The Collaborative Institute

Building Connections

January 31, 2012
by The Collaborative Institute for Oceans, Climate and Security (CIOCS)
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Texas Drought the Product of Climate Change?

Is the 2011 Texas drought the product of climate change? NASA’s James Hansen and his colleagues say it is. Most scientists choose not to link specific weather events to climate change trends, but they’ve gathered data they say shows that the 2011 heat wave that hit both Texas and Oklahoma was “a consequence of global warming because their likelihood was negligible prior to the recent rapid global warming.” Using over 50 years’ worth of temperature data, the group feels they can definitively argue that the heat wave in Texas and Oklahoma wouldn’t have occurred without global warming.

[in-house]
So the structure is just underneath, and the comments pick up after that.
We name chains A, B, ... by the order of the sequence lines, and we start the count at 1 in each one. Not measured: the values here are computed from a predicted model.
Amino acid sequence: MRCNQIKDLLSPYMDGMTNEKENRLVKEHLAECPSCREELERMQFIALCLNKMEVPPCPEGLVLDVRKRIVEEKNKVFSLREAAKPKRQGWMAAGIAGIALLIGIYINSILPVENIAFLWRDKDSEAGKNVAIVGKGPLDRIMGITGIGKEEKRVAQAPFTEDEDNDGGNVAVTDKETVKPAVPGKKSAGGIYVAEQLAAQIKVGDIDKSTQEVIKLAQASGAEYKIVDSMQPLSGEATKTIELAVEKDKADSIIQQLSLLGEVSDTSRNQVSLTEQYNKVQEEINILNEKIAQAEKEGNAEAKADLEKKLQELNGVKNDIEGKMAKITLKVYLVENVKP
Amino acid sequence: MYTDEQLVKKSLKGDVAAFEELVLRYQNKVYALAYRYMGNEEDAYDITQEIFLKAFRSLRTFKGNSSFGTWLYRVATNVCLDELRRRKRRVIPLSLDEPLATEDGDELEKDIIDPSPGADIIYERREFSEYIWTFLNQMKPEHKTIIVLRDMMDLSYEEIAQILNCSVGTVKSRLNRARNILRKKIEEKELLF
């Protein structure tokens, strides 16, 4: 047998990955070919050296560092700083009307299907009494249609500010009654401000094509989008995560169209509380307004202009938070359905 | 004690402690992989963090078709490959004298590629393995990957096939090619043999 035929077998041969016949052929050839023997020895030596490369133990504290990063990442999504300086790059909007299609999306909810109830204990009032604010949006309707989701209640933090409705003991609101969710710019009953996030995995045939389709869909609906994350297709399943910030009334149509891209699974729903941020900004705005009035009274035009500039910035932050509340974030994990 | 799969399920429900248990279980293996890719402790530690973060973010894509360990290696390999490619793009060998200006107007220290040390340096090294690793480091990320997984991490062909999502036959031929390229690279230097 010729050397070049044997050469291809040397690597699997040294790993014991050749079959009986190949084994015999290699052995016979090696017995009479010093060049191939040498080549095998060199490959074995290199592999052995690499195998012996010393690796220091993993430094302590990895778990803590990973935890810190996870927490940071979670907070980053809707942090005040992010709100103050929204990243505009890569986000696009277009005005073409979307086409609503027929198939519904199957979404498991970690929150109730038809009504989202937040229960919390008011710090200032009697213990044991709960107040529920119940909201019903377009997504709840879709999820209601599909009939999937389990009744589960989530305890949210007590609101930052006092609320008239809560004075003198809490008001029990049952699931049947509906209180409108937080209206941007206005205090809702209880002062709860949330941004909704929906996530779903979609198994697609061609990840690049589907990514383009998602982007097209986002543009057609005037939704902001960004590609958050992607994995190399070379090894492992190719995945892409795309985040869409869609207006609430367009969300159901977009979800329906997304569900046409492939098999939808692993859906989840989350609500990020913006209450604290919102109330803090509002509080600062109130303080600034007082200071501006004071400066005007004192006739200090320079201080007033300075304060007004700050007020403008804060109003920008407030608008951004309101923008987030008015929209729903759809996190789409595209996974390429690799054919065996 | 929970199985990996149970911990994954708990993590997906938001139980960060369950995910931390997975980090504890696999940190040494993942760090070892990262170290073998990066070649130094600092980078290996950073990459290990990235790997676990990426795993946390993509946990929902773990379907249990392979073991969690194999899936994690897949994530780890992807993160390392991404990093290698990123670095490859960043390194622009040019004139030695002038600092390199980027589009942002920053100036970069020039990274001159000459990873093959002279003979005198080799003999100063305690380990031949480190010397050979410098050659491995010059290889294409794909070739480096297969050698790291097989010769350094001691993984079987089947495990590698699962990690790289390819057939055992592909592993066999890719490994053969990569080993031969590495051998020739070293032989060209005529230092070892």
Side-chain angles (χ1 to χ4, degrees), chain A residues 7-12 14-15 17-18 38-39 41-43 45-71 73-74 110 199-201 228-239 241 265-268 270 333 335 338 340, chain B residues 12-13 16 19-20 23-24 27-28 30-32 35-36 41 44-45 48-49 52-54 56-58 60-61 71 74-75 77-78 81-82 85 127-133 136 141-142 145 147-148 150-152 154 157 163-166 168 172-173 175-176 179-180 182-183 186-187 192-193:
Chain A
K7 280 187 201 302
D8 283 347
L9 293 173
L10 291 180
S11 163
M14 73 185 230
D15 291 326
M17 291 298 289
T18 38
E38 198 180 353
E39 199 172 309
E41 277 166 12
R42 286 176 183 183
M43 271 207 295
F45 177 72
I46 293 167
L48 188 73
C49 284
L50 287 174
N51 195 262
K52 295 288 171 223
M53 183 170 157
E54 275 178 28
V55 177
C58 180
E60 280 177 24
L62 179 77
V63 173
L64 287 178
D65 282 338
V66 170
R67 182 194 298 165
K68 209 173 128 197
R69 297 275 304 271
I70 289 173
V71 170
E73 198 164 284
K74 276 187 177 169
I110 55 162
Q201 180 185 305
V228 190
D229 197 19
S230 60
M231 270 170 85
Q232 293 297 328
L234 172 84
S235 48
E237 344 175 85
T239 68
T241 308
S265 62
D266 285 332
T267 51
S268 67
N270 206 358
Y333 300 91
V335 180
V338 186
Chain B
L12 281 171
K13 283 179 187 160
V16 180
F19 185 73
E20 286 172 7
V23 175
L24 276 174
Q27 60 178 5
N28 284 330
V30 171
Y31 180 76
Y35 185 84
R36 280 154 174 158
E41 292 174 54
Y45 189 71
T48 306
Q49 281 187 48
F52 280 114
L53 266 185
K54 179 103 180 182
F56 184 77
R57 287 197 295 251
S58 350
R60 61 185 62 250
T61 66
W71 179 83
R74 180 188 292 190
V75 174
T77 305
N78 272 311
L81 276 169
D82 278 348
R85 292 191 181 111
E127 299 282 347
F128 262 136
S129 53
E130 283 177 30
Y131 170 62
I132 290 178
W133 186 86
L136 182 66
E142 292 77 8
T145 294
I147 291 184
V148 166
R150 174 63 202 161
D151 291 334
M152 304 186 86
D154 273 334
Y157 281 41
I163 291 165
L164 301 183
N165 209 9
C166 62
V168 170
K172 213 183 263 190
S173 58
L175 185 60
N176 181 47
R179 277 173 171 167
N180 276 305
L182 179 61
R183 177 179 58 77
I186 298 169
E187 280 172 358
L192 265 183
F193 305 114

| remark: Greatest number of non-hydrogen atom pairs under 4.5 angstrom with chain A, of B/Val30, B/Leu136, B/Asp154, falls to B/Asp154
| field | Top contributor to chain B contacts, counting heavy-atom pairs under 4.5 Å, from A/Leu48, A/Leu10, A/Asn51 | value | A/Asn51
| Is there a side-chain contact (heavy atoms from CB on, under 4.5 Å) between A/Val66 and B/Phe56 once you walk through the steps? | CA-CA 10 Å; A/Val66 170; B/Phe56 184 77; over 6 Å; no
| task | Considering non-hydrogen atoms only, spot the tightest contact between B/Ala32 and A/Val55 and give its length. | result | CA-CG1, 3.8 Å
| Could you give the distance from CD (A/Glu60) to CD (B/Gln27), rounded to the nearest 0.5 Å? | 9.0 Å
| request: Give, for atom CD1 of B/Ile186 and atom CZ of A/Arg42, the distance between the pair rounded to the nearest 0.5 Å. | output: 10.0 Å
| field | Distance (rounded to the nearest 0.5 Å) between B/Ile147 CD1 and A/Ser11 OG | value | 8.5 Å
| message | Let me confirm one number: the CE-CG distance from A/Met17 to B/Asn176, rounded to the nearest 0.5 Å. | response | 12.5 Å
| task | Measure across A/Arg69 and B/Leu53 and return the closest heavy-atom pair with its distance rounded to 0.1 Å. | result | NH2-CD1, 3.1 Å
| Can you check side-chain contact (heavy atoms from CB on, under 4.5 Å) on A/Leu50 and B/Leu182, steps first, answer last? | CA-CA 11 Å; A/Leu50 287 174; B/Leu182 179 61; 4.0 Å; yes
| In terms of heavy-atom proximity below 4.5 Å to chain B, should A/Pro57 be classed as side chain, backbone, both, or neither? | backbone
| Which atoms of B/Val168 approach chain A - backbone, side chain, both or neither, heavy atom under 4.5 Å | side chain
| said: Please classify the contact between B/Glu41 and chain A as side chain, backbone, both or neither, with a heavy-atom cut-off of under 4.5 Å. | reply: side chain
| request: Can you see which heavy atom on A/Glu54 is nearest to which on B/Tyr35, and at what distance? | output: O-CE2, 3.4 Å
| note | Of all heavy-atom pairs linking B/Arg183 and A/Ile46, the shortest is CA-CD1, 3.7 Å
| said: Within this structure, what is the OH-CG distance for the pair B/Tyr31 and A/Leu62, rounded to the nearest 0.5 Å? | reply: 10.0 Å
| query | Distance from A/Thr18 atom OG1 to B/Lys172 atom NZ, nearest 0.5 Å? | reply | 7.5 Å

Even if you’re not ready to argue that this particular incident is a direct result of climate change, it is easy to see the enormous ramifications of the heat wave for Texas and how these effects will be felt outside the Lone Star State. Certain areas are now trucking in water as their wells run dry and as they make major decisions regarding future water use, equipment, and needs. Andrew Freedman discusses how rice production may face unprecedented restrictions, cuts and even shutdowns with the current water shortage. And it’s not just rice that’s feeling the squeeze: